• Around 1161 A.D. – 1195 A.D. – Aparaditya Shilaahaara rules Vasai. He was called “Maharaajaadhiraaja Konkana Chakravarti”.Here during this times we find names of villages “Saatuli” (Now Sativli), “Nandui” and name of Brahmin named Vedaanggraasi. Shilaaharas rule Shurparak. Ambassador of Shilahaar King Aparaditya, named “Tejakantha” defeats the scholars of other faiths in a grand debate organized at Shurparak and then Aparaditya had honour of sending the Shurparak delegate Tejkantha to literary conference at Shardi in Kashmir for further proving his scholarship. There a mention of his visit to Shankaracharya Hill in Srinagar to receive blessings are found in the Kashmiri records. There he visits the relatives of Kashmiri Brahmins at Sri Nagar whose relatives were settled at Vasai. Even today the Brahmins of Vasai with surname Pandit who are locals, claim themselves to be descendants of Kashmiri Brahmins.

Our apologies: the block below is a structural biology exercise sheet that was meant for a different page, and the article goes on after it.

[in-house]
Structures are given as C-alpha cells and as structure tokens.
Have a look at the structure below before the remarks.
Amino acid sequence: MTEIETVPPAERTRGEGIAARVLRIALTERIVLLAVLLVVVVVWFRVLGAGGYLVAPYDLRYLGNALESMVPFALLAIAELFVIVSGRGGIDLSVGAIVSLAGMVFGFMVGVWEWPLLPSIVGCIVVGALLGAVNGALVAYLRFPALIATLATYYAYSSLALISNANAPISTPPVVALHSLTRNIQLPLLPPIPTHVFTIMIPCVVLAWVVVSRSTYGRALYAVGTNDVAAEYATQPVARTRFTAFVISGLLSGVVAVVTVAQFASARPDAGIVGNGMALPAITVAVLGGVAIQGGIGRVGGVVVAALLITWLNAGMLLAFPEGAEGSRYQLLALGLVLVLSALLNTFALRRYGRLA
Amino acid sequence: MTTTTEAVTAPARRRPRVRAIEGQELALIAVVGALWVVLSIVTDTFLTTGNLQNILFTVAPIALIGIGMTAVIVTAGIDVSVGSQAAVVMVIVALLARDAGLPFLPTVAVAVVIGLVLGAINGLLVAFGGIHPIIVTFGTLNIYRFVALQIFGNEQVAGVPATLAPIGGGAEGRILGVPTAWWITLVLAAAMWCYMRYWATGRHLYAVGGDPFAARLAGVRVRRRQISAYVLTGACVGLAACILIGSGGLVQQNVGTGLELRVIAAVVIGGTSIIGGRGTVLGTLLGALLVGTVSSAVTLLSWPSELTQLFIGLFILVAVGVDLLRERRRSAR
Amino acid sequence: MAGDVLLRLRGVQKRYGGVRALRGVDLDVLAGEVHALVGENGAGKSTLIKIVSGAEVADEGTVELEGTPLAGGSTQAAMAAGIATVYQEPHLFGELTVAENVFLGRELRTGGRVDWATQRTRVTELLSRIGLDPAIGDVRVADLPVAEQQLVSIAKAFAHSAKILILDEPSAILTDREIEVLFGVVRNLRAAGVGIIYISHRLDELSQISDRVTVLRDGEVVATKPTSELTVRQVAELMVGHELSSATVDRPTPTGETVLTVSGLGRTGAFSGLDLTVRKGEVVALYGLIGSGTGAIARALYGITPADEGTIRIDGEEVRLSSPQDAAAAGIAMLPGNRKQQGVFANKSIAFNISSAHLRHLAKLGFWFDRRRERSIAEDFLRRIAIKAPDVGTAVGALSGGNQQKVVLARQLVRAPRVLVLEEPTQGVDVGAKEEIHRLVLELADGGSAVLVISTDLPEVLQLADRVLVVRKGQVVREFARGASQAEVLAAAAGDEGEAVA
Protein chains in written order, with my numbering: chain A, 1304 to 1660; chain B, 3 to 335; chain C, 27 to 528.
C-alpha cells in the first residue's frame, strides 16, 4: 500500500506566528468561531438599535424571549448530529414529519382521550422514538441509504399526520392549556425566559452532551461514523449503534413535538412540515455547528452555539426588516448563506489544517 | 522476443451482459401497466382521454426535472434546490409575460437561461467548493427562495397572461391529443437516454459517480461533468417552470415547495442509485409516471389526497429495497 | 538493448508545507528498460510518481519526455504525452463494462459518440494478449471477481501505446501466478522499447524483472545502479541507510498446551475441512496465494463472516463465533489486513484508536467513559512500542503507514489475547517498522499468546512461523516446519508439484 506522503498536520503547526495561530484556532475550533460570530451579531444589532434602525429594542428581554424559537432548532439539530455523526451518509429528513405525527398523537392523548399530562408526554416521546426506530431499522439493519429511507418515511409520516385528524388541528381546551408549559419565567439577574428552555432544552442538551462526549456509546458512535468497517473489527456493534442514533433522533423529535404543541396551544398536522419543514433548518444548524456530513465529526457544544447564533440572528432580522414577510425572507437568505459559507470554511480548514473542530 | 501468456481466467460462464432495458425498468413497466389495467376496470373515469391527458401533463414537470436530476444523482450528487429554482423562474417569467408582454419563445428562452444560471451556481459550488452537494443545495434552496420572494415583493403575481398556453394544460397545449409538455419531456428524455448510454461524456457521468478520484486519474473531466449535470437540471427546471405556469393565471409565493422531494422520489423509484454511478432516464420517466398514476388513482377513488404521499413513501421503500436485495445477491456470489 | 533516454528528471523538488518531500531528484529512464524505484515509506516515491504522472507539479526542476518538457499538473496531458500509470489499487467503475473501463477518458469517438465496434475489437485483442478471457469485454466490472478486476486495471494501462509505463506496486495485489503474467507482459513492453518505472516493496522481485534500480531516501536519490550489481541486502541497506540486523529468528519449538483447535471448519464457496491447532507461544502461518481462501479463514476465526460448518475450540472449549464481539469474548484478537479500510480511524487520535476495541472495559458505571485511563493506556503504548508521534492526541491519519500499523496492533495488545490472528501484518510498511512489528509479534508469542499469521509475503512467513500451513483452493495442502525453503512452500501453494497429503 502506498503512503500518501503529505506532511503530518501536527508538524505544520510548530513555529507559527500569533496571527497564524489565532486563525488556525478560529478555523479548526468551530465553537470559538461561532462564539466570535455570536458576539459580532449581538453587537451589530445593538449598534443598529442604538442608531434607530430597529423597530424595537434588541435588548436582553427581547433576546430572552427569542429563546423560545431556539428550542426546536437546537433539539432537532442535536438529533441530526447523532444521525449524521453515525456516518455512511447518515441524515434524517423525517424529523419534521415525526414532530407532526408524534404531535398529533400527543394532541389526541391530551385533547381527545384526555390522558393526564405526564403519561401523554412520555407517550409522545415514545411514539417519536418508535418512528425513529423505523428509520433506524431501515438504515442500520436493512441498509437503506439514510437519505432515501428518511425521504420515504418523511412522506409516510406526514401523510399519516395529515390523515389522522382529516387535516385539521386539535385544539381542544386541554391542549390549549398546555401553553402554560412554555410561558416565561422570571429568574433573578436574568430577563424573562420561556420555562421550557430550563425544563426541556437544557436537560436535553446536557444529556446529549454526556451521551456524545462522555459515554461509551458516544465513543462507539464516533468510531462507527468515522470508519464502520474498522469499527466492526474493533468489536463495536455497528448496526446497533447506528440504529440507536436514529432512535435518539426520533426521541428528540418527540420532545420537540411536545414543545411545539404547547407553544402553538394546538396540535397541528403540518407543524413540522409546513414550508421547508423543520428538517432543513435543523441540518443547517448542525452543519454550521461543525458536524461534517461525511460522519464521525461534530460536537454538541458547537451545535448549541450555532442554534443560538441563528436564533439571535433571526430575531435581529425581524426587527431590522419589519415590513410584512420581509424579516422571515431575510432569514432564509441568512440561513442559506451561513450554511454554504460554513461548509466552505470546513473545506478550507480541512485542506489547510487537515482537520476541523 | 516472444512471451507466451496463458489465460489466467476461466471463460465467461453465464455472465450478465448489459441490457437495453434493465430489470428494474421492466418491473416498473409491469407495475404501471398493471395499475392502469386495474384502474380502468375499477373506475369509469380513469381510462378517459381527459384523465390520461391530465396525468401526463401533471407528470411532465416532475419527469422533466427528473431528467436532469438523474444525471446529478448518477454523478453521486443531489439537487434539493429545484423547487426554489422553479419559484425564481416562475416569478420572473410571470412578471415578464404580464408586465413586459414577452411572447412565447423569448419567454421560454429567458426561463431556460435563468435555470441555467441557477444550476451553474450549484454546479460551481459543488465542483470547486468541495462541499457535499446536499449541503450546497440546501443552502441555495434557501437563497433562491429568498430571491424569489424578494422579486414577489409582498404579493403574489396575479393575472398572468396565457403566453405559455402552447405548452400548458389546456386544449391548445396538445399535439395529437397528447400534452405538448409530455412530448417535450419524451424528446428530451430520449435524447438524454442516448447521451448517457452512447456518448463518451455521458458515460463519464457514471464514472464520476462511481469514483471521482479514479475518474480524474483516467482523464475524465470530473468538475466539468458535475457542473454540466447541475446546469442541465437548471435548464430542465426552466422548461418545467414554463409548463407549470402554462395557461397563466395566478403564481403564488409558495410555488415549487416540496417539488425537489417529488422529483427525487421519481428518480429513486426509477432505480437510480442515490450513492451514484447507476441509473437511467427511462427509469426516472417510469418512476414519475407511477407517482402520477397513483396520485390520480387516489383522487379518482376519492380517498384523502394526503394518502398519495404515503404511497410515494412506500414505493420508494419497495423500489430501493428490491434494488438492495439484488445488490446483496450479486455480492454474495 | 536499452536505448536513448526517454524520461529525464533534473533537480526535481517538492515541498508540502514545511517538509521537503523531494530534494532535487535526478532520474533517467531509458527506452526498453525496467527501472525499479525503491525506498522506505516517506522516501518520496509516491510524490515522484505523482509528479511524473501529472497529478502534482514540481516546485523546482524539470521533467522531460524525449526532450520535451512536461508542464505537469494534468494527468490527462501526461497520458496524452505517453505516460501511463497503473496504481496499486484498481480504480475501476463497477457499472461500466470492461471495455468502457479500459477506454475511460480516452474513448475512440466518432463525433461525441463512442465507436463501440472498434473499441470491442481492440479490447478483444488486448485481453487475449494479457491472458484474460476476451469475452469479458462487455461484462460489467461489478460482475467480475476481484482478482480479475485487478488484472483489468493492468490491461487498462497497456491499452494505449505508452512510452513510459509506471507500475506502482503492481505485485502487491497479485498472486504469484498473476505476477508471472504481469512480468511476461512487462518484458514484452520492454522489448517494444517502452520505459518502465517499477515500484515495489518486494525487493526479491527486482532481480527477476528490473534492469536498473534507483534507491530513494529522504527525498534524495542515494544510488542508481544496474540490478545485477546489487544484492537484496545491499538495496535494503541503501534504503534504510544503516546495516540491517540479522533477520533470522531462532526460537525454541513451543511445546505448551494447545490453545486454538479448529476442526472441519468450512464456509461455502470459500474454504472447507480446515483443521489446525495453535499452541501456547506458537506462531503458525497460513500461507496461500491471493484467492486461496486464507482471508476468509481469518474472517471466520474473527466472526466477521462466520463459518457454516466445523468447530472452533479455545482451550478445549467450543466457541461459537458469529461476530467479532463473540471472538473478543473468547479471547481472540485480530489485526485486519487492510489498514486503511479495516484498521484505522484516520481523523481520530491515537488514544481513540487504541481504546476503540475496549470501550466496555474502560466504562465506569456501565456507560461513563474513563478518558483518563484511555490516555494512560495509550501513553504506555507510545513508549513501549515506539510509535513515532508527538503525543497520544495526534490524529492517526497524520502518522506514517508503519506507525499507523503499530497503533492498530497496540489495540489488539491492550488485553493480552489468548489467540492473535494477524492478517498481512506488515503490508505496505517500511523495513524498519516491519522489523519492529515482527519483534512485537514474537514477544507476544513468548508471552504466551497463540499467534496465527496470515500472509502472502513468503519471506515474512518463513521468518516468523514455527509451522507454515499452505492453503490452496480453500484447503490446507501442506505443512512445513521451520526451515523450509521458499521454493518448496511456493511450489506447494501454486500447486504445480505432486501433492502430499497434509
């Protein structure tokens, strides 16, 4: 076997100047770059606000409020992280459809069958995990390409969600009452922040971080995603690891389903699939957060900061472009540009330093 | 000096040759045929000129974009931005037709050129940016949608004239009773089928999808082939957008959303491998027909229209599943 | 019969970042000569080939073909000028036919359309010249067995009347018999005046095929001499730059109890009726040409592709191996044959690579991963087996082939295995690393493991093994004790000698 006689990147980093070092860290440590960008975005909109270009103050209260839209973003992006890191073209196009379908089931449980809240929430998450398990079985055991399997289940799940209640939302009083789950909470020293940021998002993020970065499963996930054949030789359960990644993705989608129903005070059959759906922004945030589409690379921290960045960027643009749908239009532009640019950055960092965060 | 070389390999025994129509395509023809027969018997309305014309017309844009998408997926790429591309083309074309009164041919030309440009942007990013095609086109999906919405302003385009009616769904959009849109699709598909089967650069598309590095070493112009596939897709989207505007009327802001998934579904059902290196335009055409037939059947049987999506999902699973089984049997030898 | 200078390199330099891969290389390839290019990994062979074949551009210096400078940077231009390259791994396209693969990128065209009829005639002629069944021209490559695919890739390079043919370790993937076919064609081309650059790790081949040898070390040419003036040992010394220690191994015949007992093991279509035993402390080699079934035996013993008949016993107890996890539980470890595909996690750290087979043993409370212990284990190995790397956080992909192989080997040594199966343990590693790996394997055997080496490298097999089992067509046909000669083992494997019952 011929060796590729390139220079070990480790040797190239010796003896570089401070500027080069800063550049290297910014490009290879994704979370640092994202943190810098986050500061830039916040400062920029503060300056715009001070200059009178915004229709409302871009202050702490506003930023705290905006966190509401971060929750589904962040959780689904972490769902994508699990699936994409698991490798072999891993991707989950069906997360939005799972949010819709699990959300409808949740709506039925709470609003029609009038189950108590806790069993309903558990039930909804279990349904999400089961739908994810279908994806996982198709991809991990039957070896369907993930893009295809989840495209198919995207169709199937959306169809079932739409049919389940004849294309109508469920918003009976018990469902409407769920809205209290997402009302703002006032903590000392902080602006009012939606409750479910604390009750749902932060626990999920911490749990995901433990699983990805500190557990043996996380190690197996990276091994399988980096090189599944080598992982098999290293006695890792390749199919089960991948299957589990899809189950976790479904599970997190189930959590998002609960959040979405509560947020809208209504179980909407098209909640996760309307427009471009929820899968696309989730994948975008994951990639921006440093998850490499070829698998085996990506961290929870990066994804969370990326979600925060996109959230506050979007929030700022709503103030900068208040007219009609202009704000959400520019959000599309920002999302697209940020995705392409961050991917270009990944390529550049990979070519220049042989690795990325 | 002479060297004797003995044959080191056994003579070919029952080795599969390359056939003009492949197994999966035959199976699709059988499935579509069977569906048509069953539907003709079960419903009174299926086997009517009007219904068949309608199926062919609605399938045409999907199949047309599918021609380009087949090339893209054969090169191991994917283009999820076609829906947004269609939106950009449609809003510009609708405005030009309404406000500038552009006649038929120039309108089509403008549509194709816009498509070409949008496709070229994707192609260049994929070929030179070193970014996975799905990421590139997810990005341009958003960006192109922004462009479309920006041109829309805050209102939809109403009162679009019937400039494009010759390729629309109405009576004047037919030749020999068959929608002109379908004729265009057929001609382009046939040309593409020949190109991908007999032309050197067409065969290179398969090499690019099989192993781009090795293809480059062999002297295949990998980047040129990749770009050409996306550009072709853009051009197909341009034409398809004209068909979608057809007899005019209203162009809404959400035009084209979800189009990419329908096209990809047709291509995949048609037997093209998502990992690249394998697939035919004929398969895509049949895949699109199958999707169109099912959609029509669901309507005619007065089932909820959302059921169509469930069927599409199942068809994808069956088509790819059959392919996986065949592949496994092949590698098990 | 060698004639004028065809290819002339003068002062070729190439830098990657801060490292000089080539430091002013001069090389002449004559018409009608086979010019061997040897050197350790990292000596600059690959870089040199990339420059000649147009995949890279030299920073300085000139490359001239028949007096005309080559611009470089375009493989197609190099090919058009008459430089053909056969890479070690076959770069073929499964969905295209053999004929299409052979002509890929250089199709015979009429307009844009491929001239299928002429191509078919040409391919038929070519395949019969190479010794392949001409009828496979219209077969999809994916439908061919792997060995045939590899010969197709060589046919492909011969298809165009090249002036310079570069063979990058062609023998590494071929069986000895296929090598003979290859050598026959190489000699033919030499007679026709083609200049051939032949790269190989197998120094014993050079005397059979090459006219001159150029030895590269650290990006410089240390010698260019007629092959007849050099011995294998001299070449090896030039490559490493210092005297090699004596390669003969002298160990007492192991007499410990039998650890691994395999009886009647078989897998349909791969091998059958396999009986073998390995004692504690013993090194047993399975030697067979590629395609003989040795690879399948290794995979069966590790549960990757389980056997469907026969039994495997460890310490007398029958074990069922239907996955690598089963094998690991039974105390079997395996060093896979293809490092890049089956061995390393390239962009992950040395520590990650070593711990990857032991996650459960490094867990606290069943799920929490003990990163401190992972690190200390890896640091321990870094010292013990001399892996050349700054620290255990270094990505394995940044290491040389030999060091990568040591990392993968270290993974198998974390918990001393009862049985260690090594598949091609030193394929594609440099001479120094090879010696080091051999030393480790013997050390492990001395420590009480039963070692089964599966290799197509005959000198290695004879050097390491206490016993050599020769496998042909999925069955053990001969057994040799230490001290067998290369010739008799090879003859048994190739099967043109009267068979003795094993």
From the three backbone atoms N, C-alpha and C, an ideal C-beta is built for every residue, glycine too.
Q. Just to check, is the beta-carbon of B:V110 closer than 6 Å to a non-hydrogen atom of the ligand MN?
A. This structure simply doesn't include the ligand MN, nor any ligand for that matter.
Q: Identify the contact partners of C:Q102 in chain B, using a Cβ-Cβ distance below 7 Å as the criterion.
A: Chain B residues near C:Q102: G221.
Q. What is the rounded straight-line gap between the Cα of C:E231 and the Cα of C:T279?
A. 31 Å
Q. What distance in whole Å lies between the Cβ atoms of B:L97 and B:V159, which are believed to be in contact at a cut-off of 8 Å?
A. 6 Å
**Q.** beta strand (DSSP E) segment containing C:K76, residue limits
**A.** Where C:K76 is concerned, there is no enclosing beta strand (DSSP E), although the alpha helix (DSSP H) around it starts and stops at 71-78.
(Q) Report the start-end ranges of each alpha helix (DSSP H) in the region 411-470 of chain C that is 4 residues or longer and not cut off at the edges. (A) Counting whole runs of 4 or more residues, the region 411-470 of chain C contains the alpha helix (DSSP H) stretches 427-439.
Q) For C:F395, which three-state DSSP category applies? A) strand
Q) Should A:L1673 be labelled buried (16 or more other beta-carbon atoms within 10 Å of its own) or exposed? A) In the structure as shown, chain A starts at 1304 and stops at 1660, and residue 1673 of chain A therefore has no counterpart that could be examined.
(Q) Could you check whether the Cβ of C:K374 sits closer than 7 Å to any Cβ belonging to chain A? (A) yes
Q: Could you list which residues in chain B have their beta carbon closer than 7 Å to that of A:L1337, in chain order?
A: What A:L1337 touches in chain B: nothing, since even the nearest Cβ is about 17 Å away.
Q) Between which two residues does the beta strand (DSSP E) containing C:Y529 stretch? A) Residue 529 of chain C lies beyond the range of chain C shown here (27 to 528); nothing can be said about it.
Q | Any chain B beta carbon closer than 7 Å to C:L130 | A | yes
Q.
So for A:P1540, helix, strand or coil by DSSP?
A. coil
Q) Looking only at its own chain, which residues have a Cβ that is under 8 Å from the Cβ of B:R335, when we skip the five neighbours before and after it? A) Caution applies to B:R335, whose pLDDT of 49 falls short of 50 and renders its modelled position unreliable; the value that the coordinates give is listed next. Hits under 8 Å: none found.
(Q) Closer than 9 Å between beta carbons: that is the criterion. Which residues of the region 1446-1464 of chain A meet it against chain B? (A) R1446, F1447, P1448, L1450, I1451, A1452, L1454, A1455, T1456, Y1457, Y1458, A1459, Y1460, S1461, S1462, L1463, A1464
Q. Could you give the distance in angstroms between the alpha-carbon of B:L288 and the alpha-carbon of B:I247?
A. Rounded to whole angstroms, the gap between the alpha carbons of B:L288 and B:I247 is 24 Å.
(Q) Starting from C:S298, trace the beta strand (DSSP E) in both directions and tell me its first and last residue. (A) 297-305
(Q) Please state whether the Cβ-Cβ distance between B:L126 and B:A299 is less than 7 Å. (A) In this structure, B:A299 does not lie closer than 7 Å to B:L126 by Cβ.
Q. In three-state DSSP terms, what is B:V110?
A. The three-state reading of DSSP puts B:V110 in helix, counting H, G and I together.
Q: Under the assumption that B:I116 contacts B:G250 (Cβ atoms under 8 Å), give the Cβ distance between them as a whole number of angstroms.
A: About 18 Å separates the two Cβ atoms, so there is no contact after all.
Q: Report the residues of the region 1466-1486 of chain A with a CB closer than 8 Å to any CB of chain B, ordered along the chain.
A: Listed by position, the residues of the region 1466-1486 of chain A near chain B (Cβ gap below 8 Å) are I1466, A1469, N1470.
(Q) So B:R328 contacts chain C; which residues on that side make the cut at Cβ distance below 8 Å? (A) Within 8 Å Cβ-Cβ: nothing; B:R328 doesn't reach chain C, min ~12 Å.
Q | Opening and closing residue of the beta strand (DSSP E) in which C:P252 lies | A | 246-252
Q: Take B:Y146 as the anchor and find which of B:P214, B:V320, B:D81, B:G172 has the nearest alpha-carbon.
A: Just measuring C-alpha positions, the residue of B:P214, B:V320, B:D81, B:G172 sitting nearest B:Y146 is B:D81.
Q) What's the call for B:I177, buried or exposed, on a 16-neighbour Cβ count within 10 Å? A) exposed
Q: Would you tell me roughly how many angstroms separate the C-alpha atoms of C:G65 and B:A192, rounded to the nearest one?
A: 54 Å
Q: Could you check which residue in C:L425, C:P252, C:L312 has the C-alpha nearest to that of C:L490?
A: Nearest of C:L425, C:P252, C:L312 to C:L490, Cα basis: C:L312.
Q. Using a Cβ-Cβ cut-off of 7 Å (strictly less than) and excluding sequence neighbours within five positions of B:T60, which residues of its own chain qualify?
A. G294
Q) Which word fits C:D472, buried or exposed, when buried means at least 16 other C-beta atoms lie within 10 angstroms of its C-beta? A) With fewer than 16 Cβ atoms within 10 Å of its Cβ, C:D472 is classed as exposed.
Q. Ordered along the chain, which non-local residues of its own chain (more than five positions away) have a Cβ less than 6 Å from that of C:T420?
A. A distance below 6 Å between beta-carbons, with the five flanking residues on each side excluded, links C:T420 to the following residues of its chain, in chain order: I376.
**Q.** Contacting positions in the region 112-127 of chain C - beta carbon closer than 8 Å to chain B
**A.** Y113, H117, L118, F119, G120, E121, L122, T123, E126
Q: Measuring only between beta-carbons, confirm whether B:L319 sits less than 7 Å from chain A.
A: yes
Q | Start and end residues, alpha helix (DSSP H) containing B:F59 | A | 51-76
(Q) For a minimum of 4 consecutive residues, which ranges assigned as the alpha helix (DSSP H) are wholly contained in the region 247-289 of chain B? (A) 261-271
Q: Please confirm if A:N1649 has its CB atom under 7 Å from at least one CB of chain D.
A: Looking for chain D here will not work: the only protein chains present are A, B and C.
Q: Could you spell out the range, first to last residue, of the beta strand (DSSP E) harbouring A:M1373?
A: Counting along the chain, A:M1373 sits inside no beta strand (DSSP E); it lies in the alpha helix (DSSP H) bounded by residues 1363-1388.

• 1195 A.D. – 1232 A.D. – Keshiraaja Shilahaara rules Sopara. He was also called “Maharaajaadhiraaja Konkana Chakravarti”. During his rule, his feudal Raja Anurodha ruled Shurparak. During this period a great saga of Bimbadev Rana starts at Shurparak. Bimbadev Rana, was the illustrious son of Kanauj Vidyapur’s King Shankardev Rana and Devi Mankoji Bai. After Shankardev, the step brother of Bimbadev named Mahipaal Rana ascends the throne by backing of the Mohamedeans, though Bimbadev was original heir of Shankardev. Thus Mankojbai leaves Kannauj with her son Bimbadev Rana, gets help from her brother Hedurao and King of Sorat Ankush Rana (whose nation was also facing Mohamedean wrath). All these came to Devgiri to meet illustrious Ramdevraya. Seeing the valour of Bimbadev Rana, Ramdev hands over the kingdom of Paithan to Bimbadev as his feudal. Bimbadev acquires fame for his able administrative skills. But at the same time, an innocent Brahman was killed by Ramdevrao. This act was condemned by the regional Kings. Even Bimbadev Rana who had highest regard for the meritorious Brahmins now refused to remain as feud of such a King. In such a religious dilemma now Ramdevrav got some support from the “Patane Prabhu” community and some “Palshi Clan”, and using the support of these people he continued his kingdom. Seeing this, Bimbadev Rana preferred to leave Paithan and ascend towards Konkana and defeated King Anurodha, feud of Shilahaar on the place of confluence of River Vaitarana and Sindhu Sagara. During this campaign Raja Bimbadev Rana got support from the old Gujarati Somavanshi Kshatriya friends of Hedurav and Raja Ankush Rana, who had settled in Sopara about a century ago. After this campaign, Bimbadev donated 66 villages to his 66 Sardars and this was none other than the “Sasti” island. He honoured the Brahmins here and felicitated Somvanshi heads namely Thakur, Raut, Chaudhari, Mahapatra (Mhatre), Save (Saave) and Gharat. He also honours and released orders in 1204 A.D. that the somavansha kshatriyas are eligible to use “Chattra Sinhasana and 5 Kalashas”. Thus since 1204 A.D. these Somavanshi Kshatriya clan (Both from Orissa Somavanshi clan who had settled in Shurparak in 280 A.D. and Gujarati Somavanshi clan) come to be known as “Panchkalshis”. But his kingdom does not last long, after his death Shilahaaras took over Shurparak.